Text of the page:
The UN and the Radical Reform of the International System

Rosa Luxembourg Stiftung

Gustave Massiah, novembre 2023

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En d’autres langues : français

Résumé :

A brand new study by Gustave Massiah, with 22 proposals to reform the United Nations

The United Nations (UN) was created at a unique moment, following the end of the Second World War. Inspired by the experience of the League of Nations (LON), it was built upon that institution’s limitations and failures. The League of Nations, founded by the Treaty of Versailles in 1919 and dissolved in 1946, was indeed amongst the very first intergovernmental organisations created, aiming to “develop cooperation among nations and guarantee them peace and security”. And so, in 1945, the UN was created, with the aims of promoting friendly relations between States, based on respect for the principle of equal rights and the self-determination of peoples and, by extension, of defending human rights. Defining the circumstances that must be met for the creation of a new international organisation, a new body of international law, is not an easy task. It depends, in part, on the circumstances at the time of its creation. As well as on the lessons learned from the history of the United Nations. Based on the progress and limitations of the United Nations, our aim is to recall some lessons and formulate some proposals for a new advance in international law.

We must take into account the characteristics of the current structural crisis, even if we are not yet able to determine its outcomes. Social, ecological, political and ideological contradictions remain ever-present, in each individual country as well as on a global scale. The crisis, in some ways, is evocative of that of the 1930s. Even if situations never recur in the same way, this reference allows us to reflect on the conjunction of an economic and social crisis, on wars, on alliances between the right and the extreme right and on geopolitical change. The first phase of decolonisation, that of the independence of States, is almost complete, with some significant exceptions such as that of Palestine. The liberation of nations and peoples, however, has barely begun. The international political situation is marked by a powerful contradiction: at the political level, a trend towards the rise of alliances between the right and the extreme right, combined with the increased radicalism of social movements, including feminist, ecological, anti-racist, migration, anti-racism, and indigenous peoples’ movements.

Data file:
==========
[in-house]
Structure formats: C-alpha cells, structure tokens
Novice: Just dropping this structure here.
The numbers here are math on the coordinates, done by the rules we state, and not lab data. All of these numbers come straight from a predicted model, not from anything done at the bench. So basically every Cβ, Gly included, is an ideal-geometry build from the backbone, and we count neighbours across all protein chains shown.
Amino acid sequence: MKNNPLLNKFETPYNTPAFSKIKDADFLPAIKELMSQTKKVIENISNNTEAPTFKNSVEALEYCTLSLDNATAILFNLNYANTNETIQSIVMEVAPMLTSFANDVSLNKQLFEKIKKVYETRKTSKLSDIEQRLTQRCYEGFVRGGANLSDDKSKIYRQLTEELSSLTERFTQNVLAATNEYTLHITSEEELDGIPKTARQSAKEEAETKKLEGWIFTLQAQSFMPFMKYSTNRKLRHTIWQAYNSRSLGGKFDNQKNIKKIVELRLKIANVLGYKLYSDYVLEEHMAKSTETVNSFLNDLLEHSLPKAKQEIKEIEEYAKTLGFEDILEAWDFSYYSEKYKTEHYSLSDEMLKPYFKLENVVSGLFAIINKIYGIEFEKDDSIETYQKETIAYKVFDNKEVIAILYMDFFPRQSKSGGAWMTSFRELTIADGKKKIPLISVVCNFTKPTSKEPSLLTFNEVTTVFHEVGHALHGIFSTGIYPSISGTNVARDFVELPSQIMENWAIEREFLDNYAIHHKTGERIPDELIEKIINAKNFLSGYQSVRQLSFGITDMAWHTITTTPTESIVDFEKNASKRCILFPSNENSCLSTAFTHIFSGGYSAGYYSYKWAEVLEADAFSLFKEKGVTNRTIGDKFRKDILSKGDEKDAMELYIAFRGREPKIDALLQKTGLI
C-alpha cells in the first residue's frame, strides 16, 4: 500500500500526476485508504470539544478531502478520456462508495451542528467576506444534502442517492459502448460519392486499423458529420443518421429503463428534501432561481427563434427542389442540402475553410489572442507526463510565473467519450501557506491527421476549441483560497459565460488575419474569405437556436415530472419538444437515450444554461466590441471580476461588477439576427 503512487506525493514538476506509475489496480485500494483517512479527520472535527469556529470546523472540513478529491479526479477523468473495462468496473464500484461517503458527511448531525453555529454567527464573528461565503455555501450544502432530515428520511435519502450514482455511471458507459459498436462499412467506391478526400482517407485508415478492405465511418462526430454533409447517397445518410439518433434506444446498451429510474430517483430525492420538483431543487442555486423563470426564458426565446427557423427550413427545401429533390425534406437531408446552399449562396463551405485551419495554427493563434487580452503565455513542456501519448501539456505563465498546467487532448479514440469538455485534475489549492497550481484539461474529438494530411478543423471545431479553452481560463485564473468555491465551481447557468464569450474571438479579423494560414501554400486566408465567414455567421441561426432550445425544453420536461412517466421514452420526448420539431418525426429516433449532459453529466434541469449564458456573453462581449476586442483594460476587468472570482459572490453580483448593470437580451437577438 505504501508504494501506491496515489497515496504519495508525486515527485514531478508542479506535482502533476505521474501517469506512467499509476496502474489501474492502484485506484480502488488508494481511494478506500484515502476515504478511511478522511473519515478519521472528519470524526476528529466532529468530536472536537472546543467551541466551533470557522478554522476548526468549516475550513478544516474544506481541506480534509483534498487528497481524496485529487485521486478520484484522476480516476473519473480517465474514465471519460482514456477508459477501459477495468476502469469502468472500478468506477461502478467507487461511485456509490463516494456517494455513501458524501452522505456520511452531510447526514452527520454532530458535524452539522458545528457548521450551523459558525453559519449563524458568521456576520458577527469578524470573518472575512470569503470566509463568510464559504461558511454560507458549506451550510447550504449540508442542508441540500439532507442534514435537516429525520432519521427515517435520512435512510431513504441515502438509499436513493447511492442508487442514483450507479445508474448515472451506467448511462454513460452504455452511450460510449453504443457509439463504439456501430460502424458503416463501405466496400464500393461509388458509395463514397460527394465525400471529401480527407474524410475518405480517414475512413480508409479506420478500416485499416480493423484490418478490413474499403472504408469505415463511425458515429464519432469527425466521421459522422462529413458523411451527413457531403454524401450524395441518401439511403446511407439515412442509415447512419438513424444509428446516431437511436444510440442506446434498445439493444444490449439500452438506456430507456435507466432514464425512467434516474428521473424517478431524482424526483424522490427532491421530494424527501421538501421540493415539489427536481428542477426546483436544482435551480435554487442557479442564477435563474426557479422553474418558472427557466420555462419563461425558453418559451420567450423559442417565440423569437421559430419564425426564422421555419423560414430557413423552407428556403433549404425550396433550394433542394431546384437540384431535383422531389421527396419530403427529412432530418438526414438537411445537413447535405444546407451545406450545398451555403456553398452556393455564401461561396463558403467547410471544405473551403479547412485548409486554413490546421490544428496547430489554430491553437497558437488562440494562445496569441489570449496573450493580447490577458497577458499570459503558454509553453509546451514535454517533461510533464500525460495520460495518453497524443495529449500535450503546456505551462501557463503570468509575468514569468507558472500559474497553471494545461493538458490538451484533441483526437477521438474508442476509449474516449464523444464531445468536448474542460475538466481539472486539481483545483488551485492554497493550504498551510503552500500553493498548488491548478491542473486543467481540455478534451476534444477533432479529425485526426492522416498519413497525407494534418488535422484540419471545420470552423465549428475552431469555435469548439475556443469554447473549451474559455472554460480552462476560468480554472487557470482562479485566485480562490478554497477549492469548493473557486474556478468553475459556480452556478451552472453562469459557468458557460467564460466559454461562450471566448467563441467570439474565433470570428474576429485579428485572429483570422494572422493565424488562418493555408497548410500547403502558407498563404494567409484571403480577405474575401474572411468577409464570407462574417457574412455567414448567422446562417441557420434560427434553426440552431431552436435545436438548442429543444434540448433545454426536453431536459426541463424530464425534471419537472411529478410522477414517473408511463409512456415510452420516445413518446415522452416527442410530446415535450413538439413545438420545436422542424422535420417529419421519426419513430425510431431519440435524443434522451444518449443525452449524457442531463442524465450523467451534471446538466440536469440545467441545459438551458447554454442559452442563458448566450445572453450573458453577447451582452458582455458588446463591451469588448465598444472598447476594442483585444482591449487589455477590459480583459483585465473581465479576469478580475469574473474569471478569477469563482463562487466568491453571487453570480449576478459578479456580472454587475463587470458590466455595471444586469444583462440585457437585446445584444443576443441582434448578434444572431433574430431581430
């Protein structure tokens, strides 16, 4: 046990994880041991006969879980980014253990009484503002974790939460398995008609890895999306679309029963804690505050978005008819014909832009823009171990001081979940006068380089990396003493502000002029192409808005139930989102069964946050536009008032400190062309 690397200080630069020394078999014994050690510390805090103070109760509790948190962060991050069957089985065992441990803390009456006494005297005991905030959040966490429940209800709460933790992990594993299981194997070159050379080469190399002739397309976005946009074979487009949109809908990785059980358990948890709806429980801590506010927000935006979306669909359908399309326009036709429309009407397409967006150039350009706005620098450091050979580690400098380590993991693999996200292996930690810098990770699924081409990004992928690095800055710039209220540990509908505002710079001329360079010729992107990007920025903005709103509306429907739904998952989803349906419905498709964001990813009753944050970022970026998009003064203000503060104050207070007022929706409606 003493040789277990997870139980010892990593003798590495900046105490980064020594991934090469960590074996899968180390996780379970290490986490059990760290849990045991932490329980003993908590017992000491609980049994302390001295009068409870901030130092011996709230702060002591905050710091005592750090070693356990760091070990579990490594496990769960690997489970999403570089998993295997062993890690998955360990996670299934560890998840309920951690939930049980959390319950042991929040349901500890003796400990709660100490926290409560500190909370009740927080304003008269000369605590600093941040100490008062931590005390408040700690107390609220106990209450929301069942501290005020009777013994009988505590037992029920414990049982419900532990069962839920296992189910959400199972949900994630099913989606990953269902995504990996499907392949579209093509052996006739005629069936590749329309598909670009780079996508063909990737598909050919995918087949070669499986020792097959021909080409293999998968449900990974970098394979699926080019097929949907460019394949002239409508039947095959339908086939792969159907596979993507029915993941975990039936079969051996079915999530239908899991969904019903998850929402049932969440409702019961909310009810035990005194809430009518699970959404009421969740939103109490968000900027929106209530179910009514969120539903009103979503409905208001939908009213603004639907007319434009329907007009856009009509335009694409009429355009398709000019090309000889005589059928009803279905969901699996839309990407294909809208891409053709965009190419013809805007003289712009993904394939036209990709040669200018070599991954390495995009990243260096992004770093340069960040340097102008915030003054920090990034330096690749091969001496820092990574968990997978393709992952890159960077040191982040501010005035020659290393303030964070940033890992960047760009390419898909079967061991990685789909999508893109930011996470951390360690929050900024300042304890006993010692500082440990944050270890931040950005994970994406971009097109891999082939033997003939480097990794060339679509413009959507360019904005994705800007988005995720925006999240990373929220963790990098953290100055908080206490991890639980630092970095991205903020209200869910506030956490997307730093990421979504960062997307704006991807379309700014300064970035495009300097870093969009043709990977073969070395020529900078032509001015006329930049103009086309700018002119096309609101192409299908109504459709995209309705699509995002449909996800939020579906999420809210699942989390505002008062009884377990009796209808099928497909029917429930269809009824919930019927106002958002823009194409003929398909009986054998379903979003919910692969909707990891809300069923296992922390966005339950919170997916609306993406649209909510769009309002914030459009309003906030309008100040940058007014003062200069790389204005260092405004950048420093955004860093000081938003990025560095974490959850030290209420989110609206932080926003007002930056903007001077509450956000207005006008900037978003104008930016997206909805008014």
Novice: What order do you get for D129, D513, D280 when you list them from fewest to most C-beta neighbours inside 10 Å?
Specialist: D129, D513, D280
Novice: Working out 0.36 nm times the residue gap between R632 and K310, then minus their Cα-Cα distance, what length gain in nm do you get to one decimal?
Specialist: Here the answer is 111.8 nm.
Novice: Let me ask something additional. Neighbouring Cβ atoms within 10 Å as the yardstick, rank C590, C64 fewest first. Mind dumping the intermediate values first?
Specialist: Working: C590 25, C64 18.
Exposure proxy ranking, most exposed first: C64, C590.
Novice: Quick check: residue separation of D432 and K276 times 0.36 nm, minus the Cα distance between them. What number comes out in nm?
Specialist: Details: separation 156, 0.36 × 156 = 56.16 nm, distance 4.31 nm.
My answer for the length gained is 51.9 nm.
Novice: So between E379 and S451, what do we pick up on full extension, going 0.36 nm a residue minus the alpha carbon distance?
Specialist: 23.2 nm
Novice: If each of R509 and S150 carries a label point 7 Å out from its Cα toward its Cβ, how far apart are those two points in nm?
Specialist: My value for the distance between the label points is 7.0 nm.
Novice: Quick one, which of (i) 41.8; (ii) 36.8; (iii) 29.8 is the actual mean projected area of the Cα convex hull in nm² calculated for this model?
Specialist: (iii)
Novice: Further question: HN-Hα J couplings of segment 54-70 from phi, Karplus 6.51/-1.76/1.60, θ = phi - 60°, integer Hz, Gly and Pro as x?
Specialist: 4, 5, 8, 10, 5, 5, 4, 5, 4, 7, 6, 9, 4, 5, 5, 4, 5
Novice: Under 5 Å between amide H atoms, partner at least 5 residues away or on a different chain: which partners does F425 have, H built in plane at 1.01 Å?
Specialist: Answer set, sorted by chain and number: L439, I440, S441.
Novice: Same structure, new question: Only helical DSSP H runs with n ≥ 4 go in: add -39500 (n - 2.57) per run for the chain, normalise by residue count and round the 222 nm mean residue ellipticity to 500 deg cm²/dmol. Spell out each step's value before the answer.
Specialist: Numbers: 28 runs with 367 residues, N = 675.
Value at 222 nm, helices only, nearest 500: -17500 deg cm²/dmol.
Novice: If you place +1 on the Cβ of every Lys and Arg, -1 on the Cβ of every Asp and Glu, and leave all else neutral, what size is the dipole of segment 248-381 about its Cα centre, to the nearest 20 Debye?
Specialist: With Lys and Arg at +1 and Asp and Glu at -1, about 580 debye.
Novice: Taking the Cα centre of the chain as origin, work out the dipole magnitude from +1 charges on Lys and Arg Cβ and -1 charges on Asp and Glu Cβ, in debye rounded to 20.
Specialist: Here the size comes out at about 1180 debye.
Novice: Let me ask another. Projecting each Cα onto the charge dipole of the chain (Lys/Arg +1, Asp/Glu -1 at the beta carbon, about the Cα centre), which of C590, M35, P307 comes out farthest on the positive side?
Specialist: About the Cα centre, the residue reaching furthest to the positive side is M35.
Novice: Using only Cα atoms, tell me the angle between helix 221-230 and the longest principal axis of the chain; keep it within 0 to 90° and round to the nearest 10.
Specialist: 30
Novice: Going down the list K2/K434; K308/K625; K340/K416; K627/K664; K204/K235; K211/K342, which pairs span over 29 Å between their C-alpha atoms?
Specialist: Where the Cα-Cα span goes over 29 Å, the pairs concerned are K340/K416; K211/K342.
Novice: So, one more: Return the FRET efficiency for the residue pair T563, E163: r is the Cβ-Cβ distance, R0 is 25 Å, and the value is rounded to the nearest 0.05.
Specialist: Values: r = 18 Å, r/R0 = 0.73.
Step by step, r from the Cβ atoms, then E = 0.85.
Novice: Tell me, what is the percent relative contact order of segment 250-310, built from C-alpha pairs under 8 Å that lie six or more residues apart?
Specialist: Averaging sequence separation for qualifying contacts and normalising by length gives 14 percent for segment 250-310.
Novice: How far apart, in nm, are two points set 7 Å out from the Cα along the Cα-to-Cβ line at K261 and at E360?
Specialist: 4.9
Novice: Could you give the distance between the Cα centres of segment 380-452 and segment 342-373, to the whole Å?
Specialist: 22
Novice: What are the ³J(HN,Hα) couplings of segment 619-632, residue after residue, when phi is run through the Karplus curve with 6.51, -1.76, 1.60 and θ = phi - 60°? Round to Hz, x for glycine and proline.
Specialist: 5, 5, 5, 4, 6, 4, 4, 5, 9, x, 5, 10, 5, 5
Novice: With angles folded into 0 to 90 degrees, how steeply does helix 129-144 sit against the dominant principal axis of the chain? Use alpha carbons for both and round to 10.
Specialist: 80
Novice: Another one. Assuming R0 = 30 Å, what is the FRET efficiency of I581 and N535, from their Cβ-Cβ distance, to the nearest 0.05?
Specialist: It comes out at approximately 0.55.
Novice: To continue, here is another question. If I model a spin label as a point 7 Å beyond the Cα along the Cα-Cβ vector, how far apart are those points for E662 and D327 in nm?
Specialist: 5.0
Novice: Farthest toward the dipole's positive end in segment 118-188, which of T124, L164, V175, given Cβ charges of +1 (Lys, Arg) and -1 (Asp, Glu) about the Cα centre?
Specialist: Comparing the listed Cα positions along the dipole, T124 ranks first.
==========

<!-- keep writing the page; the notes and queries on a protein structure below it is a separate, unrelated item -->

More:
In the current situation, three types of contradictions are particularly important. The first relates to social issues, the relations between social classes, with inequalities and discrimination of considerable significance. The second concerns a new and decisive element, that of ecological disruption, our approach towards nature, climate and biodiversity. The third is connected with war and democracy, both at the national and international level. Democracy brings into focus the relationship between politics and ideology. Local democracy integrates territories and different forms of municipalism. National democracy questions the relationships between peoples, nations and states. Global democracy is based on inter-national democracy which, in its existing form, refers to the United Nations system, itself in need of radical reform and reinvention.

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